You made the shot, and the bird crumpled and fell toward the ground. If you’re lucky, recovery will be as simple as walking over there and picking it up. Often, though, things are much more tricky than that.

Recovery can be hard, time-consuming work when hunting in brushy or swampy areas where downed small game can be hidden from sight. Here are some tips to help you recover more game and bring more meat to the table.

If you connect on a shot, carefully mark the location of your downed quarry before taking a second shot at another bird or animal. Getting doubles is great, but don’t do it at the expense of losing an animal.

Before moving from your shooting position, make sure you’ve memorized the location where you think your quarry fell. Also mark the place where you were standing when you shot. If you’ve got a buddy with you, have him stand in the place where you shot so that he can guide you to your mark. Or else stay in your shooting position and guide your buddy to the mark.

Being off in your search by just 10 feet can make a huge difference, so precision really matters here.  If by chance you don’t recover your game immediately, go back to your original shooting location and replay the shot in your head. This often helps to adjust your area searching to come up with the animal.

Keep the concept of inertia in your head. If you saw a speeding mallard crumple from a shot as he flew past a snag on an old cottonwood tree, remember that his body probably didn’t hit the ground until he was 10 or 20 yards past that point.

Look for blood. Small animals bleed just like big ones, and following a micro blood trail can lead to meat.

Look for feathers. A cluster of feathers that appear to have drifted to the ground can tell you where a bird was hit in the air. Feathers that are matted and plastered to the forest floor can tell you where a bird hit the ground. Lots of feathers and no bird might mean that the bird walked away. If so, keep searching.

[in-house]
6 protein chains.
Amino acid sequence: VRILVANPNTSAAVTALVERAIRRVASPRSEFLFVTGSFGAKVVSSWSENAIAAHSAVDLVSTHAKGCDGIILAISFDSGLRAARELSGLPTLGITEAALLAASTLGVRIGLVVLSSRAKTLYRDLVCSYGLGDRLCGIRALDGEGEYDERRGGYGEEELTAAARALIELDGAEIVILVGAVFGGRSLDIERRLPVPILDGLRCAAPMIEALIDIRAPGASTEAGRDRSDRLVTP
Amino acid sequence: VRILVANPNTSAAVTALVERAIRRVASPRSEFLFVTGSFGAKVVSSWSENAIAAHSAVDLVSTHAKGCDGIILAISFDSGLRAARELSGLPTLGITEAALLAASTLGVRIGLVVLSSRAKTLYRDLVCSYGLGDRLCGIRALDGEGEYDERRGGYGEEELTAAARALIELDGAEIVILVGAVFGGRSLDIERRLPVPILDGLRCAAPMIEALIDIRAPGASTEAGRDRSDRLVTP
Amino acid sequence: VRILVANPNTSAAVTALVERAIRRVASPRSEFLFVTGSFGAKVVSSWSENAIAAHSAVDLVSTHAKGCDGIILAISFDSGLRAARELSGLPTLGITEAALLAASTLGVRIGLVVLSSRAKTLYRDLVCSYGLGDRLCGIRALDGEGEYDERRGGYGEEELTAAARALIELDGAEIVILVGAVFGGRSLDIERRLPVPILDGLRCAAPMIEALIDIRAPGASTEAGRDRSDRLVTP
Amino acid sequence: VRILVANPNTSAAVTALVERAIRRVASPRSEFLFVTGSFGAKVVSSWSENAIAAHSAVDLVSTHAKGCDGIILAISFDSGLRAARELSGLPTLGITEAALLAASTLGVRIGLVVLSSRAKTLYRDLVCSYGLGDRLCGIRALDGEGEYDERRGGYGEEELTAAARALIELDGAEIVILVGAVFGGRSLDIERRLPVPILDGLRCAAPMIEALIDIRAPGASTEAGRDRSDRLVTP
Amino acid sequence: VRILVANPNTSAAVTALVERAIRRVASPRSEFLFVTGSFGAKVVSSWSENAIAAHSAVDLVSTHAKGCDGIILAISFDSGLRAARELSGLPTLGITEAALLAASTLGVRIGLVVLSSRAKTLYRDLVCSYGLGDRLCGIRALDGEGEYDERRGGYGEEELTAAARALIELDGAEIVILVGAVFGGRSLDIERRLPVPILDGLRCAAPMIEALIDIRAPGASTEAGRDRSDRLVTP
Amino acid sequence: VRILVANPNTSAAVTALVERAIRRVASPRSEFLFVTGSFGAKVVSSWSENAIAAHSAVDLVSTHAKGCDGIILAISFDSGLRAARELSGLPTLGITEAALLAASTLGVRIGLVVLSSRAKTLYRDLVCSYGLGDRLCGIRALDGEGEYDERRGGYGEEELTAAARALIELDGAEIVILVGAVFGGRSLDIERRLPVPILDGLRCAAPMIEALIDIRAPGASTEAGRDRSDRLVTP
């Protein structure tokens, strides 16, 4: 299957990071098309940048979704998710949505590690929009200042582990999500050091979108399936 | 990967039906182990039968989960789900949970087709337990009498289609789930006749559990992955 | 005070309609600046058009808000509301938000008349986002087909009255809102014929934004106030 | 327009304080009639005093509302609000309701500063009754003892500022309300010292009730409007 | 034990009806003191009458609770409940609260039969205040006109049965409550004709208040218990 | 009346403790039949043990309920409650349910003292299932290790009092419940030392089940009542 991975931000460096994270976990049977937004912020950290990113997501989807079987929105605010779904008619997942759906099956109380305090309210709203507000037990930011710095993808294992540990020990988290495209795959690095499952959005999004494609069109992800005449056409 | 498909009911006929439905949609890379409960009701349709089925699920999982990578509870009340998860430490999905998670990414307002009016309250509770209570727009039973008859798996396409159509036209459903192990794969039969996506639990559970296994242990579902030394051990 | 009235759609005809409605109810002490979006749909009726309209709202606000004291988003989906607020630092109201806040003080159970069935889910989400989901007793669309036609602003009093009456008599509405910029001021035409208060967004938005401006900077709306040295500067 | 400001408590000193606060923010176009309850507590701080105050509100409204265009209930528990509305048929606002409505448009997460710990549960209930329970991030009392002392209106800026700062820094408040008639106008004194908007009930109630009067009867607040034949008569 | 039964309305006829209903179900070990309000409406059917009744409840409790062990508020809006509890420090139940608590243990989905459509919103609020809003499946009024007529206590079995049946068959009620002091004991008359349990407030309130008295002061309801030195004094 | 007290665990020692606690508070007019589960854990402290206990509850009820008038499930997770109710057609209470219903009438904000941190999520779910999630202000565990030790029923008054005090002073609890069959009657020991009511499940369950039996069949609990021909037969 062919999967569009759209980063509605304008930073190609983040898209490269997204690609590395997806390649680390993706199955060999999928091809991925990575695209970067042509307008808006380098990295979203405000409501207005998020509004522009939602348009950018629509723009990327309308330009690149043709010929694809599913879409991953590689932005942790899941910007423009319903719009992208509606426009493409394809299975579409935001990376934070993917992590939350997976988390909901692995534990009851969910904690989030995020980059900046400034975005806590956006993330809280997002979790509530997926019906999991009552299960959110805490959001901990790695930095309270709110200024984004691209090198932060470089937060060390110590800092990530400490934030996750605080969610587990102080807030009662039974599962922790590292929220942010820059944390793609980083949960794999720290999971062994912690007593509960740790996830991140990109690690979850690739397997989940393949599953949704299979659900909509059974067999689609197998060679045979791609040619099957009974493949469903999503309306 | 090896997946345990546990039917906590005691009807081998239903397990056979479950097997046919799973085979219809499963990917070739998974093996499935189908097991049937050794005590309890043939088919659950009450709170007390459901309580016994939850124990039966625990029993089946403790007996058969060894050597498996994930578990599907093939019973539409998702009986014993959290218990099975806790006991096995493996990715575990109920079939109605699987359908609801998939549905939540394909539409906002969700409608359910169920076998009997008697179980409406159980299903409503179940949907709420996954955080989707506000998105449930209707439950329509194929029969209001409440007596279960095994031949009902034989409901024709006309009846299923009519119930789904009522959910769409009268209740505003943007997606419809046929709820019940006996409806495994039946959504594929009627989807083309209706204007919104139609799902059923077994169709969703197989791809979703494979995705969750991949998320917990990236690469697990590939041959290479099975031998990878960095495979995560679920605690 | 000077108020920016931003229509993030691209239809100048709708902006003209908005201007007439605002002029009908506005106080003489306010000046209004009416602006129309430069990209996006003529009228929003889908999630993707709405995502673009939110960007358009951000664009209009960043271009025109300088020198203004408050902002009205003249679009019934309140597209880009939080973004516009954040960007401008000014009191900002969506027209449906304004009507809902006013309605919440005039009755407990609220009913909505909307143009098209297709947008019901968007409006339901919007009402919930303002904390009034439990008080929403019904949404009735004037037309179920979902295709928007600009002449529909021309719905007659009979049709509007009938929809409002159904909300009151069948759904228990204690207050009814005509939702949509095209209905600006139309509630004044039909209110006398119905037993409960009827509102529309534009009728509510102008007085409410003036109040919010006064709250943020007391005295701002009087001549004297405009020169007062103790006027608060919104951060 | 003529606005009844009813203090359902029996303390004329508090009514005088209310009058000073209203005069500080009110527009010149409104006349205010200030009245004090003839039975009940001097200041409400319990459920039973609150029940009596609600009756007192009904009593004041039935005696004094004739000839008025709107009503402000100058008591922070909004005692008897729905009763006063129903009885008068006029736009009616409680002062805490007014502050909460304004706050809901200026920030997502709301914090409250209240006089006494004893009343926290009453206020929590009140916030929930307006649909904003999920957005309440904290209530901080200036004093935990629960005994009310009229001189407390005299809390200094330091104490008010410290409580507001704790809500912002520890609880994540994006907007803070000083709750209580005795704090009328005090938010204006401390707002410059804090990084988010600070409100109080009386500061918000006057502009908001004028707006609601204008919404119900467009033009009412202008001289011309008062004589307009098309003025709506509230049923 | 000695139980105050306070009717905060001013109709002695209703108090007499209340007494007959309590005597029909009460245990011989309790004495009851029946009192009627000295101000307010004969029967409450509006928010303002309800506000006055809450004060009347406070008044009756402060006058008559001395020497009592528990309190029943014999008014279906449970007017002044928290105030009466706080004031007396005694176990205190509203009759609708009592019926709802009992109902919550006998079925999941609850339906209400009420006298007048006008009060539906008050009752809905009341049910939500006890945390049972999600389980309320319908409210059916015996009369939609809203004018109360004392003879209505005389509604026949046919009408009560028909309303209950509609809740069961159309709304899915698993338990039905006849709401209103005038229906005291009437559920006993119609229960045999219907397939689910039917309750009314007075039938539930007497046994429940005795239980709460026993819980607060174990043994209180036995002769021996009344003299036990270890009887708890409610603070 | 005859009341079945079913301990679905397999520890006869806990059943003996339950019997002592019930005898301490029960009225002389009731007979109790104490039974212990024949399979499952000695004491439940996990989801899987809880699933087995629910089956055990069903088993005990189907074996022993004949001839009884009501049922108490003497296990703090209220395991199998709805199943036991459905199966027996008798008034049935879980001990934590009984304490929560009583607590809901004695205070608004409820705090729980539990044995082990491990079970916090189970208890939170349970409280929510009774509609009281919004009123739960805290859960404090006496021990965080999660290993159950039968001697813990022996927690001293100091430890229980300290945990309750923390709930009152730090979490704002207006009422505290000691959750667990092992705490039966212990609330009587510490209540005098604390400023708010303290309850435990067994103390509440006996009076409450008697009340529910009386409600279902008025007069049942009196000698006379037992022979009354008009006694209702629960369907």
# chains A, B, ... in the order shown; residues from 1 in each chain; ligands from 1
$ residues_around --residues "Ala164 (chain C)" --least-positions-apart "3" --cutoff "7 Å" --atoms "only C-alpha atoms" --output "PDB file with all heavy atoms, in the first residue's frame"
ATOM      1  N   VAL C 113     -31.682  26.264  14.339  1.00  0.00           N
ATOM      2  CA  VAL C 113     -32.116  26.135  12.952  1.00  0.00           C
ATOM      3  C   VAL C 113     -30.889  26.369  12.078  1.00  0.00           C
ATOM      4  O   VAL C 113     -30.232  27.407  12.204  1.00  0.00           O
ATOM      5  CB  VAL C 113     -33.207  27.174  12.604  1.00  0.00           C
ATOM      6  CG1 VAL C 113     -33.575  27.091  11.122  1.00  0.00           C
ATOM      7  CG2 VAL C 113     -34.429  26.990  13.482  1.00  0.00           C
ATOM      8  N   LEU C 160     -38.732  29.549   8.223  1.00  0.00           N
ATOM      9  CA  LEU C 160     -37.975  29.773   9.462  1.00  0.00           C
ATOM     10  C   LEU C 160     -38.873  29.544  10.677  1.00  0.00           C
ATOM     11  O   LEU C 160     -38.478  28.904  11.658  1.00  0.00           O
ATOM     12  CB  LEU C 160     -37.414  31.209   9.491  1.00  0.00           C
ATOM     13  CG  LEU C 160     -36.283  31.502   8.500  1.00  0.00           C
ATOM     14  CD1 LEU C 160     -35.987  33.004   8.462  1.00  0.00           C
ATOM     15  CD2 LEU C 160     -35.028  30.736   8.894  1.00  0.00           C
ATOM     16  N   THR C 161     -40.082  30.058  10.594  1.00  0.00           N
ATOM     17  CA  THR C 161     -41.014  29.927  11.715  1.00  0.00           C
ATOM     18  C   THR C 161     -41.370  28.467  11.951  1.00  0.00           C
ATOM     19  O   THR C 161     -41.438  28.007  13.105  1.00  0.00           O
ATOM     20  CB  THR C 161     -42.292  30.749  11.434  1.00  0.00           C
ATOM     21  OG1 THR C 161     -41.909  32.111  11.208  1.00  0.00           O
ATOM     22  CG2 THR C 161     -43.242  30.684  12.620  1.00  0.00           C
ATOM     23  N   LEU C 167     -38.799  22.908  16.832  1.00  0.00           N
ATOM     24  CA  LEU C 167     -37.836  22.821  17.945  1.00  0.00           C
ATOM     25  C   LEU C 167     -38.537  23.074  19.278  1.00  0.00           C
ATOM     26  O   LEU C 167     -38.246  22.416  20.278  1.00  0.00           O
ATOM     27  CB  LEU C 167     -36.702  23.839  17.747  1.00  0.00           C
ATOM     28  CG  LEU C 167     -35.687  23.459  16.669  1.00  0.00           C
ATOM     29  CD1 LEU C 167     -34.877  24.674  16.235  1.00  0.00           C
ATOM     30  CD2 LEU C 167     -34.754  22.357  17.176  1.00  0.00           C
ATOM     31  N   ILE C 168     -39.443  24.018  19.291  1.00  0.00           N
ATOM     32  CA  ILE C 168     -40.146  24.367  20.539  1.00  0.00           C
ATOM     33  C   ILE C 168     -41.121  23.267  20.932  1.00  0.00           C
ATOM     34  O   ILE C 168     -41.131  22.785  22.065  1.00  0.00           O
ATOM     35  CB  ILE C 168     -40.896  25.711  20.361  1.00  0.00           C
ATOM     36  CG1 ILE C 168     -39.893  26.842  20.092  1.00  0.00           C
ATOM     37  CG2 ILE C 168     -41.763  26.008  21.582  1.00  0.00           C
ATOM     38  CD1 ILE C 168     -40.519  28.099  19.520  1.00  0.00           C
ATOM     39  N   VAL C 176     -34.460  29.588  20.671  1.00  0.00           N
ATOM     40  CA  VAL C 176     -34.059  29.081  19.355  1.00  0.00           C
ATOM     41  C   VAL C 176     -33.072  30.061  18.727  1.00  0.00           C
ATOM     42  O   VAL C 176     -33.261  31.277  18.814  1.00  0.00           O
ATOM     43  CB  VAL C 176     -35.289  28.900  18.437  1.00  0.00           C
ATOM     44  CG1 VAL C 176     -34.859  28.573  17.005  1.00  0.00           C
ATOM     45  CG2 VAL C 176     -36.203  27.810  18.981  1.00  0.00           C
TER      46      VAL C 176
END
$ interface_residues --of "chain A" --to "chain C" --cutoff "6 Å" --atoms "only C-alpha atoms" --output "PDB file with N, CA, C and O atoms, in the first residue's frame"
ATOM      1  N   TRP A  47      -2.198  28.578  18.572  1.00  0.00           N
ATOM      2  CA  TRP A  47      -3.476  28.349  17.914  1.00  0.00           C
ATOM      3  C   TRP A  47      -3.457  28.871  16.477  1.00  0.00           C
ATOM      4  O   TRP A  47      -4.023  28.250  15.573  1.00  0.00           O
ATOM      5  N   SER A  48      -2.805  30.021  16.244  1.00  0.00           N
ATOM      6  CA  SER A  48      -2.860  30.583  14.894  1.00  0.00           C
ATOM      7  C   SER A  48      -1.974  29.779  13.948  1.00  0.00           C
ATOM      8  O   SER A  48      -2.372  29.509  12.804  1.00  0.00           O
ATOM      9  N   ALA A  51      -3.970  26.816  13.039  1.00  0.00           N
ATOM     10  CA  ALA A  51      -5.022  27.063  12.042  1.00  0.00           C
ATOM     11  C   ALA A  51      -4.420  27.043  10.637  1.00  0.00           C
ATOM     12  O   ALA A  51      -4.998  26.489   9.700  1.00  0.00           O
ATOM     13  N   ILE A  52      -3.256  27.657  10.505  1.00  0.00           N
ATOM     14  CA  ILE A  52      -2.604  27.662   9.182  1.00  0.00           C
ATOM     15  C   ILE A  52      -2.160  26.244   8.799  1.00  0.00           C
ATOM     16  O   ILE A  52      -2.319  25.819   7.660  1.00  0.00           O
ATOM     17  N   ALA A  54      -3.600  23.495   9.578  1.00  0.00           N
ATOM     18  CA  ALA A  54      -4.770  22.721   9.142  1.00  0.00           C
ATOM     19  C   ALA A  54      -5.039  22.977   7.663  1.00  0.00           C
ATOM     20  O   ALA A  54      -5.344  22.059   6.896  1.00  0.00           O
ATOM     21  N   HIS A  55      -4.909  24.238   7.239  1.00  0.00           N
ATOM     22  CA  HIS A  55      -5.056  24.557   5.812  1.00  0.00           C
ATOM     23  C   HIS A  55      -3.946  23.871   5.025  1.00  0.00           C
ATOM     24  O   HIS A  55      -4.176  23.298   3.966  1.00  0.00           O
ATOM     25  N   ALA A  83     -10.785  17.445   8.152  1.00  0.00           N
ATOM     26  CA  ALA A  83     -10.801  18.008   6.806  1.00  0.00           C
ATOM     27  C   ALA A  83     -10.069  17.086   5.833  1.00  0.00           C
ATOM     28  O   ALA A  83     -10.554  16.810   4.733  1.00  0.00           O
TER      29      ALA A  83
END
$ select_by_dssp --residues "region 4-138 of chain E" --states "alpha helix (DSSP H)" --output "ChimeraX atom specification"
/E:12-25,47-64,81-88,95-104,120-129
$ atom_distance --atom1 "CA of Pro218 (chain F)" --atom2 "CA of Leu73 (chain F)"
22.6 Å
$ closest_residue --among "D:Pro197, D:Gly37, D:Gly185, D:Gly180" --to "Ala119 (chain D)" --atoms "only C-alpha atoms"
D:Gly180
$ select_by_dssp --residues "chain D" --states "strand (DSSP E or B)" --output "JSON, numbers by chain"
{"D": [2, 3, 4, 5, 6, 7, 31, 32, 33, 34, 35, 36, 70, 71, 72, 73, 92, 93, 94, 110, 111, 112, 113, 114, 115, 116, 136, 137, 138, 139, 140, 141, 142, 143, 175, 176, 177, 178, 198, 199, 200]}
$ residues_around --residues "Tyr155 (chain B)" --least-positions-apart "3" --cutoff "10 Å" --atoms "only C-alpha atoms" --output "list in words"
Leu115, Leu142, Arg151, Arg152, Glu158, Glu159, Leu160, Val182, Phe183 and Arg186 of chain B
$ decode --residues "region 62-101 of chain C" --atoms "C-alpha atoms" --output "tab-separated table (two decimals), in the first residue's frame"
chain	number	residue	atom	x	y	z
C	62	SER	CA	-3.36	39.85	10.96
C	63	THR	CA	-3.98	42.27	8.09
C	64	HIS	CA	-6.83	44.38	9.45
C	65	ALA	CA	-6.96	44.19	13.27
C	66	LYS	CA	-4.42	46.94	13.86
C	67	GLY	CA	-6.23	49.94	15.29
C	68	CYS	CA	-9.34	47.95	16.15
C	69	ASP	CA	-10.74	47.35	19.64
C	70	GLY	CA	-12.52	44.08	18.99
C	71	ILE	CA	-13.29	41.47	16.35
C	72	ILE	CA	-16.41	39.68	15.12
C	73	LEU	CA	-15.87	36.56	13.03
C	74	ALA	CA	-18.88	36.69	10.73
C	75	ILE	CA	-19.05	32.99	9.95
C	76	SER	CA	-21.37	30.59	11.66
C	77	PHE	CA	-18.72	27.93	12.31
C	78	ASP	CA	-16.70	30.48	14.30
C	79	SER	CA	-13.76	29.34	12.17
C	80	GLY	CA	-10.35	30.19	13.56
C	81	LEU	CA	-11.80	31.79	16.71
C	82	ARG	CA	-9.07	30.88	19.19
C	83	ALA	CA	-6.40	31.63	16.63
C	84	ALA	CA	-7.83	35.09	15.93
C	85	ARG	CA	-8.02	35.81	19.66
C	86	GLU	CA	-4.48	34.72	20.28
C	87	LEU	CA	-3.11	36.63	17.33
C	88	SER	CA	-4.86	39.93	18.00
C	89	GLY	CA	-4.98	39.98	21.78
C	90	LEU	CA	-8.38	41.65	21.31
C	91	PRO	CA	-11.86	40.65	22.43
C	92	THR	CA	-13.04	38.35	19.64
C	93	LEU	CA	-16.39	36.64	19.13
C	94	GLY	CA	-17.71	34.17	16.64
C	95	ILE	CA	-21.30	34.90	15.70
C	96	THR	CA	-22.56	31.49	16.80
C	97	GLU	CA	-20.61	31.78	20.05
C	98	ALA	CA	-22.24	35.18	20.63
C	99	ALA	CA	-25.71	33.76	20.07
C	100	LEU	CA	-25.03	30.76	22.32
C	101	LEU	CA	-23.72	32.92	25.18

When hunting furred game, a tuft of fur usually pinpoints the location where the animal was when it was hit. look for more tufts of fur on nearby brush to show which direction it traveled. Use ever-widening circles to search. If the bird or rabbit isn’t exactly where you though it would be, mark that spot with your hat, and walk circles until you find it. The central location of your hat keeps you focused on the right area and you’re less likely to wander off course.

Be ready for follow-up shots. Especially with waterfowl, whose feathers deflect much of the energy from shotgun pellets. Keep your gun loaded until you have your hand on the the quarry. Many wounded ducks have escaped in the time that it takes a hunter to walk to his blind to retrieve more shells.

Dead animals don’t always fall from the sky directly to the ground. Many birds and especially squirrels often get hung up in the notches and forks of tree limbs. When the search for a downed animal is getting tough, remember to look up; what you’re looking for might be dangling right above your head.

Get a dog. Even a poorly trained dog has better sensory perception than you. If you take the time to train your dog right, nearly all your game will be recovered.